US embassy cable - 03ANKARA2661

FREEZING IRAQI ASSETS: INITIAL TURKISH RESPONSE

Identifier: 03ANKARA2661
Wikileaks: View 03ANKARA2661 at Wikileaks.org
Origin: Embassy Ankara
Created: 2003-04-24 17:40:00
Classification: CONFIDENTIAL//NOFORN
Tags: ECON ETTC EFIN TU IZ
Redacted: This cable was not redacted by Wikileaks.
This record is a partial extract of the original cable. The full text of the original cable is not available.

C O N F I D E N T I A L ANKARA 002661 
 
SIPDIS 
 
 
SENSITIVE 
 
 
STATE FOR EB/ESC, EUR/SE, NEA/RA, AND TREASURY 
(BFOX/JZARATE/WMURDEN) 
 
 
E.O. 12958: DECL: 4/24/2006 
TAGS: ECON, ETTC, EFIN, TU, IZ 
SUBJECT: FREEZING IRAQI ASSETS: INITIAL TURKISH RESPONSE 
 
 
REF: STATE 101736 
 
 
1. SUMMARY: (C) On April 24, we delivered reftel demarche to 
Central Bank Governor Sureyya Serdengecti and Banking 
Regulation and Supervision Agency (BRSA) Acting Chairman 
Ibrahim Canakci.  Both officials said they would make this a 
top priority and welcomed any information or assistance. 
Serdengecti welcomed the USG delegation of experts as well. 
END SUMMARY. 
 
 
2.  (C) Serdengecti told us he would make investigation of 
Iraqi assets a top priority.  The Central Bank monitors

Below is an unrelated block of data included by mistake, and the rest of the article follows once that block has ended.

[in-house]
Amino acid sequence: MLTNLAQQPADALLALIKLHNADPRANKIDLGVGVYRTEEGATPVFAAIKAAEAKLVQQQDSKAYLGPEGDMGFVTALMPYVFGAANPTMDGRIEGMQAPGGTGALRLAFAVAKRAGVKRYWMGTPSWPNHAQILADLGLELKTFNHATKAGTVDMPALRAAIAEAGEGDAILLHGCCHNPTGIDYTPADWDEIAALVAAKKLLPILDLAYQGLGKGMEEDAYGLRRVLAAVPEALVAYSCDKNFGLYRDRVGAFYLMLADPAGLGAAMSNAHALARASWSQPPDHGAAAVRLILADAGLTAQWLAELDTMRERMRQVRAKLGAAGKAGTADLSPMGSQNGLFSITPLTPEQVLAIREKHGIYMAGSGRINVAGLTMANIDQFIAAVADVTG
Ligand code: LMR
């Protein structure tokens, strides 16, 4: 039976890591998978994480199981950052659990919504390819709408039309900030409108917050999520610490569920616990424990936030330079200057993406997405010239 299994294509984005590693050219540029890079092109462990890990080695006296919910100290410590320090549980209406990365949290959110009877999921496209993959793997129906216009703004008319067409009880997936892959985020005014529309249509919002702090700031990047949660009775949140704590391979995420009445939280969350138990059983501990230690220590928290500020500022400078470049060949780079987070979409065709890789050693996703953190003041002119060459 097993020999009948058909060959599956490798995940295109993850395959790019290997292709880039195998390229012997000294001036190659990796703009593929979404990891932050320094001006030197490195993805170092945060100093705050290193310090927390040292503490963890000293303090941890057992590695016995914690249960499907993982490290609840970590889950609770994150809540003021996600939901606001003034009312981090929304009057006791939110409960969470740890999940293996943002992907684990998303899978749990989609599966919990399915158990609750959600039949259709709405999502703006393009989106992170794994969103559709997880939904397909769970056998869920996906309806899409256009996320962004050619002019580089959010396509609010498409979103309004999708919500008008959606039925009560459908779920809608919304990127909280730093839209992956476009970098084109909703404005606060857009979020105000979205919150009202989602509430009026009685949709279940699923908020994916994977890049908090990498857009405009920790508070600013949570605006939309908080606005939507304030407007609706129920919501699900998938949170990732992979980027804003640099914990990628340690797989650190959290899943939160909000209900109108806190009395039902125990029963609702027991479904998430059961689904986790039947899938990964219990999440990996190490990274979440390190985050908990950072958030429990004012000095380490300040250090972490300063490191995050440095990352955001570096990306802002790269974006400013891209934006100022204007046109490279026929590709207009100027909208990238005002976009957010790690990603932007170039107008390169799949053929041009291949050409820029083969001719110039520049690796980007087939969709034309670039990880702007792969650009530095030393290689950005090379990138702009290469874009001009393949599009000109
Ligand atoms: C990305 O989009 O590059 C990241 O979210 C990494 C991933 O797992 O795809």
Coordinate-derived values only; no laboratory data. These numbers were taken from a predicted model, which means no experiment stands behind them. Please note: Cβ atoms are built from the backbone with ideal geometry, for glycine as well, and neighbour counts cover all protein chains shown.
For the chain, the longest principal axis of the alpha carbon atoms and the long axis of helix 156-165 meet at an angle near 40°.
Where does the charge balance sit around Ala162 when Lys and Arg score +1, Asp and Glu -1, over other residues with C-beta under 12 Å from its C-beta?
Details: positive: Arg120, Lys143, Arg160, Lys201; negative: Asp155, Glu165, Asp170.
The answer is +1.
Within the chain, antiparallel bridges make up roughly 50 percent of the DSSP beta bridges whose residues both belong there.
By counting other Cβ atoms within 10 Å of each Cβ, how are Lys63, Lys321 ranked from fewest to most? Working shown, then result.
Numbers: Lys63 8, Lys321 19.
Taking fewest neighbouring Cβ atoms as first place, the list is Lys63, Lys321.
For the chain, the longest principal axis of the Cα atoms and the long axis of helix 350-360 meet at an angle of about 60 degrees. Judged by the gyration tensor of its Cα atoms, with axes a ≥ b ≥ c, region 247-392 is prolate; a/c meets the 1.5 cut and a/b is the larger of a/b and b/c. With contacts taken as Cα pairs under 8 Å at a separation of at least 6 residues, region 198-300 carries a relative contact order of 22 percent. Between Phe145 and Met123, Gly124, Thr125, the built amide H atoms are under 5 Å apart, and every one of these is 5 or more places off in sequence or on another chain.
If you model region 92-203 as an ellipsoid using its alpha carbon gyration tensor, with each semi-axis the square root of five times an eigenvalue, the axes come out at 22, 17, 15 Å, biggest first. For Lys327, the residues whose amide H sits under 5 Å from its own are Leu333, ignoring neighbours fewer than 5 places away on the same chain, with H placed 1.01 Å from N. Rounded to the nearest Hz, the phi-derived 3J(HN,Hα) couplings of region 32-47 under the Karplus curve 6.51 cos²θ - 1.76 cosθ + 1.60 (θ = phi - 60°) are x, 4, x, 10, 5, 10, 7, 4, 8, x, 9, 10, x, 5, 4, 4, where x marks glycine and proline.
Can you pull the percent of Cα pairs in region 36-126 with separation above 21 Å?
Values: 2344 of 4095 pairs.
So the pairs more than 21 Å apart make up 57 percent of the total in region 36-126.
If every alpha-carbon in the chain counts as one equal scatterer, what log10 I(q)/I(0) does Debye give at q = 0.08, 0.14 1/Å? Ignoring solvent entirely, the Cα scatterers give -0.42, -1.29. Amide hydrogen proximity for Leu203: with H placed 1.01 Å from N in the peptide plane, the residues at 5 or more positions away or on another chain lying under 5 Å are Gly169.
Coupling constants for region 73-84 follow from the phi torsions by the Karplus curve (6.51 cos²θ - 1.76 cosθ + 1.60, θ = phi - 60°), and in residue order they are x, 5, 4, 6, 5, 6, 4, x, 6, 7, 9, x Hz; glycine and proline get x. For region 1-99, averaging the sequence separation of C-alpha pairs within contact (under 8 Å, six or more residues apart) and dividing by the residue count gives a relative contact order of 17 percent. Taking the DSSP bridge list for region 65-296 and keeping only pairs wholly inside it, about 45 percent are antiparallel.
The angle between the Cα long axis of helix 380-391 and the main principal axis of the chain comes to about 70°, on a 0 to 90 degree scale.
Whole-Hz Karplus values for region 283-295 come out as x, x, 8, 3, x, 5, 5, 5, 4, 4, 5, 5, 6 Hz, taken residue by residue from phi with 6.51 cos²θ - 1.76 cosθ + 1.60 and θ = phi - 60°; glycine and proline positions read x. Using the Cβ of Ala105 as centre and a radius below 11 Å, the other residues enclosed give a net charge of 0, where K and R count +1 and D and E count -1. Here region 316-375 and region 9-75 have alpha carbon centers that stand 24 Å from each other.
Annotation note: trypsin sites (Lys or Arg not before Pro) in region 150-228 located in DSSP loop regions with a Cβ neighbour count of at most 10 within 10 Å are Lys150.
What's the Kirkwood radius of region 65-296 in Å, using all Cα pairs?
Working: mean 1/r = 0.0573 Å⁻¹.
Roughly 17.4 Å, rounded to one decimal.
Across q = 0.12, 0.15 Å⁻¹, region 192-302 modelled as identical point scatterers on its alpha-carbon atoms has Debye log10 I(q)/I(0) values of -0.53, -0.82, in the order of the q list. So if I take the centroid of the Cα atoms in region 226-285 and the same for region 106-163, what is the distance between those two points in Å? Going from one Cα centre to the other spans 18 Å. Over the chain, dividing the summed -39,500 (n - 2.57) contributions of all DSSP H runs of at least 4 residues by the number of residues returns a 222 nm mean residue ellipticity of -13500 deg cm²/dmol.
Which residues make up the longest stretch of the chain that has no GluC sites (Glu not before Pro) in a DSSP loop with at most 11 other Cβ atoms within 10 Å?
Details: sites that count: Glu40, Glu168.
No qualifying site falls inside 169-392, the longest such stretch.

electronic bank transfers and gets other information on bank 
transfers.  He also welcomed a U.S. delegation visit. 
"Exchanging information is always beneficial.  We learn from 
them, they learn from us.  It's a great idea," Serdengecti 
said.  Serdengecti explained that, while the Central Bank can 
search for records of Iraqi assets, freezing those assets in 
Turkey would be the responsibility of the Ministry of Finance 
(visit is planned for April 25 - septel). 
 
 
3.  (C) Serdengecti said he suspected there were still 
existing Turkish-Iraqi private sector links, recalling 
requests by Turks to exchange huge amounts of Kuwaiti dinars 
after the Iraqi invasion of Kuwait in 1990.  But Serdengecti 
also noted the Saddam regime may have been reluctant to 
deposit money in Turkey, given the claims of Turkish 
exporters to Iraq, which date back to before the first Gulf 
War.  They amount to $1.2 billion in non-payments, beginning 
during the 1980's, when GOI and Iraqi businesses did not pay 
Turkish exporters during the Iran-Iraq War.  Under an 
agreement between the GOT and the Saddam Hussein regime, the 
GOI was supposed to reimburse the Treasury, which in turn was 
reimbursing the exporters.  Serdengecti said that all 
payments from the GOI ended just prior to the first Gulf War 
(Treasury was the loser, as it reimbursed exporters the full 
amount.) 
 
 
4.  (C) Earlier April 24, BRSA Acting Chairman Ibrahim 
Canakci told us the BRSA's sworn bank auditors would be 
alerted to this request.  He also welcomed any information or 
assistance the U.S. could offer. 
PEARSON 

Latest source of this page is cablebrowser-2, released 2011-10-04